An A-Z Guide To The Search For Plato's Atlantis

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Atalantis

Euclid of Megara

Euclid of Megara (435-365 BC) was a Greek philosopher and a pupil of Socrates. Although he wrote six dialogues, none have survived. Our principal source is Diogenes Laërtius who used his text.

Josiah Priest refers to Euclid as a believer in the reality of Atlantis in his 1835 book American Antiquities [1143.82/3]. Apparently, Euclid met with Anacharsis the Scythian philosopher and their discussions turned to the ‘convulsions of the globe’ including the separation of Sicily from Italy and the destruction of Atlantis.

Similarly, in the Atlantic, “there existed, according to ancient traditions, an island as large as Africa, which, with all its wretched inhabitants was swallowed up by an earthquake.”

Beyond the isthmus, of which I have just spoken, said Euclid, according to ancient traditions, an island as large as Africa, which, with all its wretched inhabitants, was swallowed up by an earthquake.

Priest then refers to Euclid again [p.83] claiming that “here, then, is another witness, besides Solon, who lived 300 years before the time of Euclid, who testifies to the past existence of the island of Atalantis.”

Furthermore, according to Euclid, it was the Black Sea that broke into the Aegean Sea, rather than the other way round. Since Anacharsis came from the northern coast of the Black Sea we can reasonably assume that he had local knowledge to back up this suggestion!

Priest, Josiah

Josiah Priest (1788-1851) was a well-known American non-fiction writer of the early 19th century. Much of what he wrote is considered pseudo-scientific. Today he is probably best known for his racism and particularly his fundamentalist use of the Bible to justify slavery.

In his 1835 book American Antiquities[1143]+ he refers a number of times to ‘Atalantis’, a spelling variant frequently used at that time. Apart from Plato, Priest also believed that the philosopher Euclid of Megara (435-365 BC) alluded to Atlantis when in a conversation with Anacharsis, the Scythian philosopher, about the ‘convulsions of the globe’ he spoke of the catastrophic separation of Sicily from Italy, Euboea from Boetia “and a number of other islands from the continent of Europe.” Similarly, in the Atlantic, “there existed, according to ancient traditions, an island as large as Africa, which, with all its wretched inhabitants was swallowed up by an earthquake.”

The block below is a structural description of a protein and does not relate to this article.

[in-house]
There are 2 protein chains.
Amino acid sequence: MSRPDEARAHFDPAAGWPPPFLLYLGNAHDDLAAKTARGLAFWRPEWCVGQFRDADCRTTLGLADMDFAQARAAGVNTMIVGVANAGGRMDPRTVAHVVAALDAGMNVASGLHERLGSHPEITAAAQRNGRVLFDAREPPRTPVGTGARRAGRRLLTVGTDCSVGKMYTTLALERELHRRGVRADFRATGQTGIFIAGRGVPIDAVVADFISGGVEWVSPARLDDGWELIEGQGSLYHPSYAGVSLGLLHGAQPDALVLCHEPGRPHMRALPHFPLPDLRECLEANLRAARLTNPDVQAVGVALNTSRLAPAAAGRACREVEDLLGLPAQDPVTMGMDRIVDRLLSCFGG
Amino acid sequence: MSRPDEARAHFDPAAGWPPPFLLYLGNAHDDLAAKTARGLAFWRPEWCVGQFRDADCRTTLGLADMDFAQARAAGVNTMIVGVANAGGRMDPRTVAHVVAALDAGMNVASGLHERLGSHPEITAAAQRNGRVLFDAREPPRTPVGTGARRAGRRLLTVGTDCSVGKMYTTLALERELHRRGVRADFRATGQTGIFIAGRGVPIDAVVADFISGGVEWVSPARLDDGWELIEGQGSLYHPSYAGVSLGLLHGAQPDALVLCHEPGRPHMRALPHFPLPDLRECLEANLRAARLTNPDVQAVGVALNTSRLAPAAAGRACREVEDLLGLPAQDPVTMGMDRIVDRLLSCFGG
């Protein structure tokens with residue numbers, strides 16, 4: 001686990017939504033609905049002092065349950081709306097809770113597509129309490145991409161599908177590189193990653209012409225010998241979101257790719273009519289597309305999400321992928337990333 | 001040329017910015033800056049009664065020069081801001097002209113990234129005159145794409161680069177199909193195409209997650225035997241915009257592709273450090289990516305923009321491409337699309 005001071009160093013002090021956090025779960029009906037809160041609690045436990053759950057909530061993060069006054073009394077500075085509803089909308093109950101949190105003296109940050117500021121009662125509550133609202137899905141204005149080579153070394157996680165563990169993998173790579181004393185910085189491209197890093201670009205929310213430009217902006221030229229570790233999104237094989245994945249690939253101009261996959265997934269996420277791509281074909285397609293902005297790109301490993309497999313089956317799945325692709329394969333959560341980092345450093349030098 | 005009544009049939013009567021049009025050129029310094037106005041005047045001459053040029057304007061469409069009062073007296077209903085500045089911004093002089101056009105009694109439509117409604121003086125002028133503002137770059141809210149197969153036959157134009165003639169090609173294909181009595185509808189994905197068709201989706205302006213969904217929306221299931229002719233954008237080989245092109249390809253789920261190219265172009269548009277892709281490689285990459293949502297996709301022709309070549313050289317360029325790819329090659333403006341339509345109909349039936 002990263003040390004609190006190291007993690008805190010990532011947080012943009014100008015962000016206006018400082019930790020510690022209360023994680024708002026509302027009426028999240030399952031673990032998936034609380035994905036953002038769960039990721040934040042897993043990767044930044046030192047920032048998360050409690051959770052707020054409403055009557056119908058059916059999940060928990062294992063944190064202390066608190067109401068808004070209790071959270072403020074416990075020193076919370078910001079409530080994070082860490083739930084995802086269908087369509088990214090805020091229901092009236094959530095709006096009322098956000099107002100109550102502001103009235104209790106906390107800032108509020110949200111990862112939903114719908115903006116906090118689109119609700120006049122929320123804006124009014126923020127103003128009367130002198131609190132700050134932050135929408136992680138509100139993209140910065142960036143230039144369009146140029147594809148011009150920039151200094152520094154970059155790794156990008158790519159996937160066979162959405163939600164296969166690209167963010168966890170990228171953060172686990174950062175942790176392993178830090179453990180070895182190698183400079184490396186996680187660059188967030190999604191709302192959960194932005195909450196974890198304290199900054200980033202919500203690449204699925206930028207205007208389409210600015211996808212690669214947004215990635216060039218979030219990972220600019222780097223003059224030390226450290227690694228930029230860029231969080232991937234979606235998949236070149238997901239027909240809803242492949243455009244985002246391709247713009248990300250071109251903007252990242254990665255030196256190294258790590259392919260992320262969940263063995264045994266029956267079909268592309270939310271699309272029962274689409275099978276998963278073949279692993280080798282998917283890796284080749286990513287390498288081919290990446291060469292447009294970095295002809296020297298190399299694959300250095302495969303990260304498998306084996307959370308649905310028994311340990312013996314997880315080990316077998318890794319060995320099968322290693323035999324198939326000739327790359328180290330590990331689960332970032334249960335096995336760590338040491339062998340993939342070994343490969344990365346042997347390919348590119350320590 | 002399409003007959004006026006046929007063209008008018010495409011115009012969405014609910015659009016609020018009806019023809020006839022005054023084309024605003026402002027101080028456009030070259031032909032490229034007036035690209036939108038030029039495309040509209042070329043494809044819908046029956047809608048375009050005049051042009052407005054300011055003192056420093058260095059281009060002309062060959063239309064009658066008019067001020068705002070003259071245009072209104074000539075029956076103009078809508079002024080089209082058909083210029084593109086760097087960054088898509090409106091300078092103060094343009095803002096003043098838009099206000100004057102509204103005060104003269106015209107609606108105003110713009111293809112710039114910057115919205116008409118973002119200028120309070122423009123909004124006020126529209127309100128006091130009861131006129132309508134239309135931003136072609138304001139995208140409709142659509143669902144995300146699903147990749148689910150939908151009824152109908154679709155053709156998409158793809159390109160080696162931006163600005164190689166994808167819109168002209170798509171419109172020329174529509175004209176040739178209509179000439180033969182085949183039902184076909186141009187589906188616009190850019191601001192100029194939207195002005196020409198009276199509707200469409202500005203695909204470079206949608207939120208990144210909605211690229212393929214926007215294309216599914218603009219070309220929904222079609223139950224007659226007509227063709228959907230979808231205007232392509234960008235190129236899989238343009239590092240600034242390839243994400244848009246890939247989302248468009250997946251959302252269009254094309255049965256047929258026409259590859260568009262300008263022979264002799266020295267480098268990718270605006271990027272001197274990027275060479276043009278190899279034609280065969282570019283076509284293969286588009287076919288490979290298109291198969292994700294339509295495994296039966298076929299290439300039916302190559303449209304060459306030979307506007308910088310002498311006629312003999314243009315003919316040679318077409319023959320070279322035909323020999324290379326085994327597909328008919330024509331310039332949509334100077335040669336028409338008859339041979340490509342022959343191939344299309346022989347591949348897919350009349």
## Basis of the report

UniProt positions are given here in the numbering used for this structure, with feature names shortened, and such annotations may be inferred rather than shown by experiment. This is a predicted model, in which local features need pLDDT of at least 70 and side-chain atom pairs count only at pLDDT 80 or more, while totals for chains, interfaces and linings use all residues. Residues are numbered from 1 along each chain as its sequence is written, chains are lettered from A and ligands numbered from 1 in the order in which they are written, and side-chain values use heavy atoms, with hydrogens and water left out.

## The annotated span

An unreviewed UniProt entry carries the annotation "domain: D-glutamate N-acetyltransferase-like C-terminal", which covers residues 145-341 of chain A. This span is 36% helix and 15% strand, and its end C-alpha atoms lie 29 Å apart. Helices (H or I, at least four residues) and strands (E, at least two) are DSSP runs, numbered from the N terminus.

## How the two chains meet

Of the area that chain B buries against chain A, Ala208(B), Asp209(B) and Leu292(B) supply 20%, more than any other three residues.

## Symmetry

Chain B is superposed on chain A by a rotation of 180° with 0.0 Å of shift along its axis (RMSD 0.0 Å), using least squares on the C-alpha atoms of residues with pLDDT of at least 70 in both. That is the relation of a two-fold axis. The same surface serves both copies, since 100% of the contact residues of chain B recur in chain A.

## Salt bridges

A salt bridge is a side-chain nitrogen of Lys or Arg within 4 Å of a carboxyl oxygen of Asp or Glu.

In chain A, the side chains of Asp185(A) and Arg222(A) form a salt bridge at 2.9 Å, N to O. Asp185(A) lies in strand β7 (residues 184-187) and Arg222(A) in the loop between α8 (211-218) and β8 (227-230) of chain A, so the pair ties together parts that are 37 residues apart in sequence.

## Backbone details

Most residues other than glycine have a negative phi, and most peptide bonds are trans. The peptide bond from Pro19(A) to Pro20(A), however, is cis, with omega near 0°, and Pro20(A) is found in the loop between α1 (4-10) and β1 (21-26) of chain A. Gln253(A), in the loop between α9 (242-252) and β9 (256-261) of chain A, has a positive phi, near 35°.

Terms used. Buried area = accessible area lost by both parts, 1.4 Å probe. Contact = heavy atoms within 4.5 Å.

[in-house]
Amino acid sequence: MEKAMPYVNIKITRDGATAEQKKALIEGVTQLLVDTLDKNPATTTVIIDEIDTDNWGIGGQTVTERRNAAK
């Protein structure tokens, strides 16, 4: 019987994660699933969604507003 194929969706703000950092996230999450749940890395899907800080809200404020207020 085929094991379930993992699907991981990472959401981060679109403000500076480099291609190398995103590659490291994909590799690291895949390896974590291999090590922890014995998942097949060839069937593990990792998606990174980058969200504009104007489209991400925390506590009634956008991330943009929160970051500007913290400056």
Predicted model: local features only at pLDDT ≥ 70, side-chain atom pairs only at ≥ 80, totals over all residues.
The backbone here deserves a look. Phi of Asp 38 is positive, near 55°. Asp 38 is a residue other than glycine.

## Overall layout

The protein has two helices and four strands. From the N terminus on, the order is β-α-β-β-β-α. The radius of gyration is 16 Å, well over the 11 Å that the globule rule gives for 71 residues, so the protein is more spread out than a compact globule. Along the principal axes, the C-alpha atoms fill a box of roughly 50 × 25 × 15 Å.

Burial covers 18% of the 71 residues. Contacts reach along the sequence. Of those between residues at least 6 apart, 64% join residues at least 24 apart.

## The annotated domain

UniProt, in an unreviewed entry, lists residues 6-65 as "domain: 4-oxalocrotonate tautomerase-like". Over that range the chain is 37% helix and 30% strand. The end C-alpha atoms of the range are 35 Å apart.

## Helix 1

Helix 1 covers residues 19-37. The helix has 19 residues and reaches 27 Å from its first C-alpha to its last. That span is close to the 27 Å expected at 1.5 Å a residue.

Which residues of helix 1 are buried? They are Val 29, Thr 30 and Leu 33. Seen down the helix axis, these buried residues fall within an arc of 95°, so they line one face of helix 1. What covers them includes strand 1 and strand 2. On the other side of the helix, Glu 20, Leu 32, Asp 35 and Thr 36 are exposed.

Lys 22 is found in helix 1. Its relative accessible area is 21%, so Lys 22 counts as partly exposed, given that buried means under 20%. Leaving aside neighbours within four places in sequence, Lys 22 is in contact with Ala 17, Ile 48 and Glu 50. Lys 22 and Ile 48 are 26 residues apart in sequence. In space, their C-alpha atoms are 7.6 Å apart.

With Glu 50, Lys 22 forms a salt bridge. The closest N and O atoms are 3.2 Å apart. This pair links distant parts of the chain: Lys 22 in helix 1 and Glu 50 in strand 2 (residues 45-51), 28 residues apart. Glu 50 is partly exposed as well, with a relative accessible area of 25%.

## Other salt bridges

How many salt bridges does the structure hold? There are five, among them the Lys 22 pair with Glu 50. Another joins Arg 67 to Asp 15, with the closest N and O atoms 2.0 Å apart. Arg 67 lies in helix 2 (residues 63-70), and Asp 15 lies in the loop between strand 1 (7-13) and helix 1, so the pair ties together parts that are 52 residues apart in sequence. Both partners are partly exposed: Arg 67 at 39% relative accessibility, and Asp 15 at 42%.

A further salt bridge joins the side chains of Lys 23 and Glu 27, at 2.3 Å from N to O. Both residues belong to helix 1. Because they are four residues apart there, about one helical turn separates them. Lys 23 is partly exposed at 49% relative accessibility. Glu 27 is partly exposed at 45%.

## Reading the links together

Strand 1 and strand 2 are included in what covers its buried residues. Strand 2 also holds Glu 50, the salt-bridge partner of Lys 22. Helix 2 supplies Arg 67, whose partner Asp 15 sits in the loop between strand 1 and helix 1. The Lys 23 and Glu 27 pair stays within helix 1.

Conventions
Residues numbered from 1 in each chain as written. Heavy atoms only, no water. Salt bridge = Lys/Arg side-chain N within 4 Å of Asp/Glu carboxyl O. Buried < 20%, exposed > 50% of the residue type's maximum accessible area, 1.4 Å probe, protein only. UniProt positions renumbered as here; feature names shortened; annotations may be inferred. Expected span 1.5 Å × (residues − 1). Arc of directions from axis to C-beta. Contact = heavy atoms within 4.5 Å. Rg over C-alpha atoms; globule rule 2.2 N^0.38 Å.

Priest then refers to Euclid again [p.83] claiming that “here, then, is another witness, besides Solon, who lived 300 years before the time of Euclid, who testifies to the past existence of the island of Atalantis.”

Priest clearly considered Atlantis to have been a large island in the Atlantic that provided a stepping-stone to the Americas. “This occurrence, if the tradition be true, happened about twelve hundred years before Christ, three hundred years before the time of Job, and seven hundred and fifty years after the flood. At the period, therefore, of the existence of this island, a land passage to America, from Europe and Africa, was practicable; also by other islands, some of which are still s This occurrence, if the tradition be true, happened about twelve hundred years before Christ, three hundred years before the time of Job, and seven hundred and fifty years after the flood. At the period, therefore, of the existence of this island, a land passage to America, from Europe and Africa, was practicable ; also by other islands, some of which are still situated in the same direction—the Azores, Madeiras, and TenerifTe islands, about twenty in number.”[p.82]

More recently, Jason Colavito has unearthed details of a row that had developed between Priest and Constantine Rafinesque(a).

 

 [1143]+  https://archive.org/details/americanantiquities

(a) https://www.jasoncolavito.com/blog/josiah-priest-vs-constantine-rafinesque-an-early-fringe-history-vs-science-feud

 

Kirwan, Richard

Richard Kirwan (1733-1812). Irish scientist a supporter of the theory of phlogiston.

Richard Kirwan (1733-1812) was an Irish scientist, who had a brief (no pun intended) career as a barrister, which he abandoned in favour of his scientific interests, ending up as president of the Royal Irish Academy from 1799 until his death.

Kirwan is usually linked with Buffon, Whitehurst and Pennant regarding the reality of Atlantis (Atalantis) and its location in the Atlantic.

McCulloh, Dr. James Haines (L)

Dr. James Haines McCulloh (1793-1870) was an officer in the U.S. Army, who wrote(a) a number of books on the origins of the native Americans. In the course of his work he touched on the subject of Atlantis, or as he called it Atalantis, supporting the idea of it being located in the Atlantic in the following words;

“The speculations of Ray, Whitehurst, Buffon, Kirwan, and Pennant, upon the subject of the island Atlantis, are all in favour of its former existence, and the arguments they produce from the present appearance of the Azores, Canaries, etc., are as plausible as can be expected when the great antiquity of the subject is considered. If to their considerations our few proofs be added, it may not be presumptuous to think the tradition almost well established.” [0876].

(a)  https://books.google.co.uk/books?id=5hQOAAAAQAAJ&q=atlantis#v=snippet&q=atlantis&f=false